A variety of polyester polyols based on phthalic anhydride and diethylene glycol (DEG) are valuable commercial products for urethane coatings, adhesives, sealants, and elastomers. Examples include Stepanpol® PS and PD series polyols such as Stepanpol PS-20-200A, PS-1752, PD-110 LV, PD-200 LV, and PD-56. Despite its utility in polyester polyols, DEG may eventually become scarce because of a trend in the chemical industry favoring production of “ethylene glycol only” instead of its mixture with DEG, triethylene glycol, and higher glycols.
Our own recent work, outlined below, indicates that cyclic esters (typically about 3-8%) are produced in the production of polyester polyols, particularly when DEG, 1,4-butanediol, and other common glycols are reacted with phthalic anhydride. However, for reasons discussed earlier, it is often desirable to make polyester polyols, particularly o-phthalate polyester polyols intended for CASE applications, with very low levels of cyclic esters.SUMMARY OF THE INVENTION
In one aspect, the invention relates to method for making a polyester polyol. The method comprises reacting phthalic anhydride with a particular diol or diol mixture at a diol to phthalic anhydride molar ratio within the range of 1.1 to 1.6. The diol is selected from the group consisting of ethylene glycol, propylene glycol, 1,3-propanediol, 2-methyl-1,3-propanediol, neopentyl glycol, 1,6-hexanediol, polyethylene glycols having a number average molecular weight within the range of 200 g/mol to 600 g/mol, and mixtures thereof. The resulting o-phthalate polyester polyol has a hydroxyl value in the range of 18 to 400 mg KOH/g, an acid value in the range of 0.2 to 5.0 mg KOH/g, and 1 wt. % or less of cyclic esters. The invention includes polyurethanes made using polyester polyols produced according to the inventive method.DETAILED DESCRIPTION OF THE INVENTION
The inventive method reacts phthalic anhydride and a diol to make a polyester polyol. Phthalic anhydride is commercially available from many suppliers, including Stepan Company (Northfield, Ill.), and any desired form (e.g., flake, molten) can be used. Smaller quantities can be obtained from Sigma-Aldrich and similar suppliers. The purity of phthalic anhydride is not considered critical for the inventive method. Preferably, however, the phthalic anhydride is at least 95% pure, more preferably at least 98% pure.
Diol selection is an important aspect of the inventive method. In particular, the diol is selected from the group consisting of ethylene glycol, propylene glycol, 1,3-propanediol, 2-methyl-1,3-propanediol, neopentyl glycol, 1,6-hexanediol, polyethylene glycols having a number average molecular weight within the range of 200 g/mol to 600 g/mol, and mixtures thereof. All of these diols are commercially available. We surprisingly found that the amount of cyclic esters generated in the reaction of diols with phthalic anhydride is not easily predicted from the expected ring size of a 1:1 cyclic adduct (see Tables 1 and 2, below). For instance, we found that in the preparation of a 300-320 hydroxyl value polyester polyol based on phthalic anhydride, a relatively high proportion (>2%) of cyclic ester is generated when the diol is 1,4-butanediol, diethylene glycol, triethylene glycol, or tripropylene glycol, but not when the diol is ethylene glycol, 1,3-propanediol, 1,6-hexanediol, or PEG-400. (As used herein, “%,” when used to describe an amount of cyclic ester, unless specifically noted as “wt. %,” refers to an area % integrated using GPC software.)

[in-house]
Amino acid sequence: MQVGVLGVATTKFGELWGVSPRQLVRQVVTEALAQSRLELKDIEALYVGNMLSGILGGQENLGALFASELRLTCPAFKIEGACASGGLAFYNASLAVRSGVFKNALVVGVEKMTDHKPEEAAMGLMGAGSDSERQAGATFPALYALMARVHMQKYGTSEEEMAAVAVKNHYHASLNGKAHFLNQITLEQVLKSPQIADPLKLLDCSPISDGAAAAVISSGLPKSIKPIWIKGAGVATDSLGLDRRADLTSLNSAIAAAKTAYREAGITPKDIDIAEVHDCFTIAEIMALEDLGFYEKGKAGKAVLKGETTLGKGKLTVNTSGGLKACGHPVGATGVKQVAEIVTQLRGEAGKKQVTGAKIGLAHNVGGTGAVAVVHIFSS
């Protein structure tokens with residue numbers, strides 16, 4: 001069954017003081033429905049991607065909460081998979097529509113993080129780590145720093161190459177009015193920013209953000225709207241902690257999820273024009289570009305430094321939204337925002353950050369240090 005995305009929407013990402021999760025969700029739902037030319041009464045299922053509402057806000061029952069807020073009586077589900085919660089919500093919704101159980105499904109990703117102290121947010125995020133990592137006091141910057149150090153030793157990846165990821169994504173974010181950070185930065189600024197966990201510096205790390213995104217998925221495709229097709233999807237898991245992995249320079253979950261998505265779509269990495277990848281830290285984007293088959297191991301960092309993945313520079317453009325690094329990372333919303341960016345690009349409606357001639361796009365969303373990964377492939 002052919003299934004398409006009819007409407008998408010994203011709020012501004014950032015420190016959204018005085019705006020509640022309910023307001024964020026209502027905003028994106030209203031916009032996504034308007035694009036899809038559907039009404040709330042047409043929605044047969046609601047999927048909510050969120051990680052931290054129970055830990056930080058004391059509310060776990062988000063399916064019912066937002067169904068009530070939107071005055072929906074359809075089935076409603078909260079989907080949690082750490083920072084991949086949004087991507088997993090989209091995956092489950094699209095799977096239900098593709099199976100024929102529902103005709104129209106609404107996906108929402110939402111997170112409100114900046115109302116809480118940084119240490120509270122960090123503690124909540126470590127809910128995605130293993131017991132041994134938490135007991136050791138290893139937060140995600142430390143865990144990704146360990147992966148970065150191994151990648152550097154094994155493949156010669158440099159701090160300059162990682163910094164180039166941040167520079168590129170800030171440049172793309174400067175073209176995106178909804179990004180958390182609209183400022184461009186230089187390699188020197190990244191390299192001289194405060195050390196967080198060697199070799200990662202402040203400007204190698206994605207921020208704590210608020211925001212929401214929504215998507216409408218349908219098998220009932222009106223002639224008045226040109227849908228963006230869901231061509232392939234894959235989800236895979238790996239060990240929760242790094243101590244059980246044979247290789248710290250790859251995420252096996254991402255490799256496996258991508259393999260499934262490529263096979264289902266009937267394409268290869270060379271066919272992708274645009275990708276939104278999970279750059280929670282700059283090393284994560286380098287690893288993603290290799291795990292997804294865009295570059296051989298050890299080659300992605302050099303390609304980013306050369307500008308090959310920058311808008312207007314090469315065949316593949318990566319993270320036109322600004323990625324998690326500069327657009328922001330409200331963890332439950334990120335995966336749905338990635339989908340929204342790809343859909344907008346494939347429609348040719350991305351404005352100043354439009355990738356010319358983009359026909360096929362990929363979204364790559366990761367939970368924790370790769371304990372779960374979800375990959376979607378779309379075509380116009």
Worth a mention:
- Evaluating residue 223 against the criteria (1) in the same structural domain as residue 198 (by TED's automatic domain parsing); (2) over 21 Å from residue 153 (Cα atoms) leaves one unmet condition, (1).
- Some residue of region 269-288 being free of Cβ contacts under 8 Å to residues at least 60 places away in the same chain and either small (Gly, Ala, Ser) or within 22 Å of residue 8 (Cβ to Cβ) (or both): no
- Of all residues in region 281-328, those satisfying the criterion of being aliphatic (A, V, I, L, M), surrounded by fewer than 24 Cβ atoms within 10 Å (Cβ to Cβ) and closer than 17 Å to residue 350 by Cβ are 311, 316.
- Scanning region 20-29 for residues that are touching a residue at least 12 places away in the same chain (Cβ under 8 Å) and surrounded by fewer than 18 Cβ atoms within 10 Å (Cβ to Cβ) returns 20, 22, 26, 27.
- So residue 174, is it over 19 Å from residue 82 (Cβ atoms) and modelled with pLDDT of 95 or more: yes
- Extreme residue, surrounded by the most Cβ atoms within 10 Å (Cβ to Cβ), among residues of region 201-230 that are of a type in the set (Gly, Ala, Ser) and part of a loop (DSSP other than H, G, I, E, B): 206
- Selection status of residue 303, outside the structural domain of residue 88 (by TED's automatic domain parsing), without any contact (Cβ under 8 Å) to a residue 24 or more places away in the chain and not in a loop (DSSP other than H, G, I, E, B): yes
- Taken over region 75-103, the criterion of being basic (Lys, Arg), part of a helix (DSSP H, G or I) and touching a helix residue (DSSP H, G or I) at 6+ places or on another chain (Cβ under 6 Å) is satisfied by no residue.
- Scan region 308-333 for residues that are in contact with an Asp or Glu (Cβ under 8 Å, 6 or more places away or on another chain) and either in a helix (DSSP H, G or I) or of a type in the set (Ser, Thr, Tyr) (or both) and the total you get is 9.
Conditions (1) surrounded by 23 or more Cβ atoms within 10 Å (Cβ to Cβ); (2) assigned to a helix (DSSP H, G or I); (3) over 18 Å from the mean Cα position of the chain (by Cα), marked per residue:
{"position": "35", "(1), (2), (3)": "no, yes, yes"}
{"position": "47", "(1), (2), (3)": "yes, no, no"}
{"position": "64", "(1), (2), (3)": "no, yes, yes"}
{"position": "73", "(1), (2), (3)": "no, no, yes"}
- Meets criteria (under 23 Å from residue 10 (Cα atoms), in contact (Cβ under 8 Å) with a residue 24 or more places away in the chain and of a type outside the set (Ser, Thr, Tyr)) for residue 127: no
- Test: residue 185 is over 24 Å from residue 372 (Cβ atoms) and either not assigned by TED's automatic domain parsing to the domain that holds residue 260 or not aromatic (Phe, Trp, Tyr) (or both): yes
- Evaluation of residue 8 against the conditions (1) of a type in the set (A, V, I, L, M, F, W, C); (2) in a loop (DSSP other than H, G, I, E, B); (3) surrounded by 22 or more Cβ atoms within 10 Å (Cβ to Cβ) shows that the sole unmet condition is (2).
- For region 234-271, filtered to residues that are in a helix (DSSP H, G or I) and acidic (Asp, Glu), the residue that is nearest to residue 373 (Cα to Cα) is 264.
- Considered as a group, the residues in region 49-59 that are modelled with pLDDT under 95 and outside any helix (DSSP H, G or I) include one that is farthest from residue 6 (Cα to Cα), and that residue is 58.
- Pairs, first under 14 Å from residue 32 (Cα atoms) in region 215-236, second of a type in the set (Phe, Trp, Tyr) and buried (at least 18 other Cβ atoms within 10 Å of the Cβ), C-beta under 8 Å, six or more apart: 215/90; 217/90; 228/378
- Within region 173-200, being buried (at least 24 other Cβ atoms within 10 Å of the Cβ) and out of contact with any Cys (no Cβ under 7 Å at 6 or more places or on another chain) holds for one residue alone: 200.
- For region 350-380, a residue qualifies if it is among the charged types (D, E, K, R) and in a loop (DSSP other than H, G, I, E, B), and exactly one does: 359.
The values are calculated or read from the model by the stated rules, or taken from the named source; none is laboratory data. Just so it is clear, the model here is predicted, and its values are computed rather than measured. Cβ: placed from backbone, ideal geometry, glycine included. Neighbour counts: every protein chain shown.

In a preferred aspect, the phthalic anhydride (PA) is reacted with ethylene glycol, a polyethylene glycol having a number average molecular weight within the range of 200 g/mol to 600 g/mol, or a mixture thereof. When ethylene glycol (EG) is used, the source is not critical, and it need not be of high purity. However, EG containing a large proportion (e.g., 5-10 wt. % or more) of DEG and/or triethylene glycol should be avoided to prevent making a polyester polyol having more than 1 wt. % of cyclic esters. Surprisingly, a polyester polyol having a very low content of cyclic esters can be made with EG as the only diol. We found, for instance, that polyester polyols having hydroxyl values from 56-320 mg KOH/g and 0.2 to 1% of cyclic esters could be made from EG alone (see Table 1, below).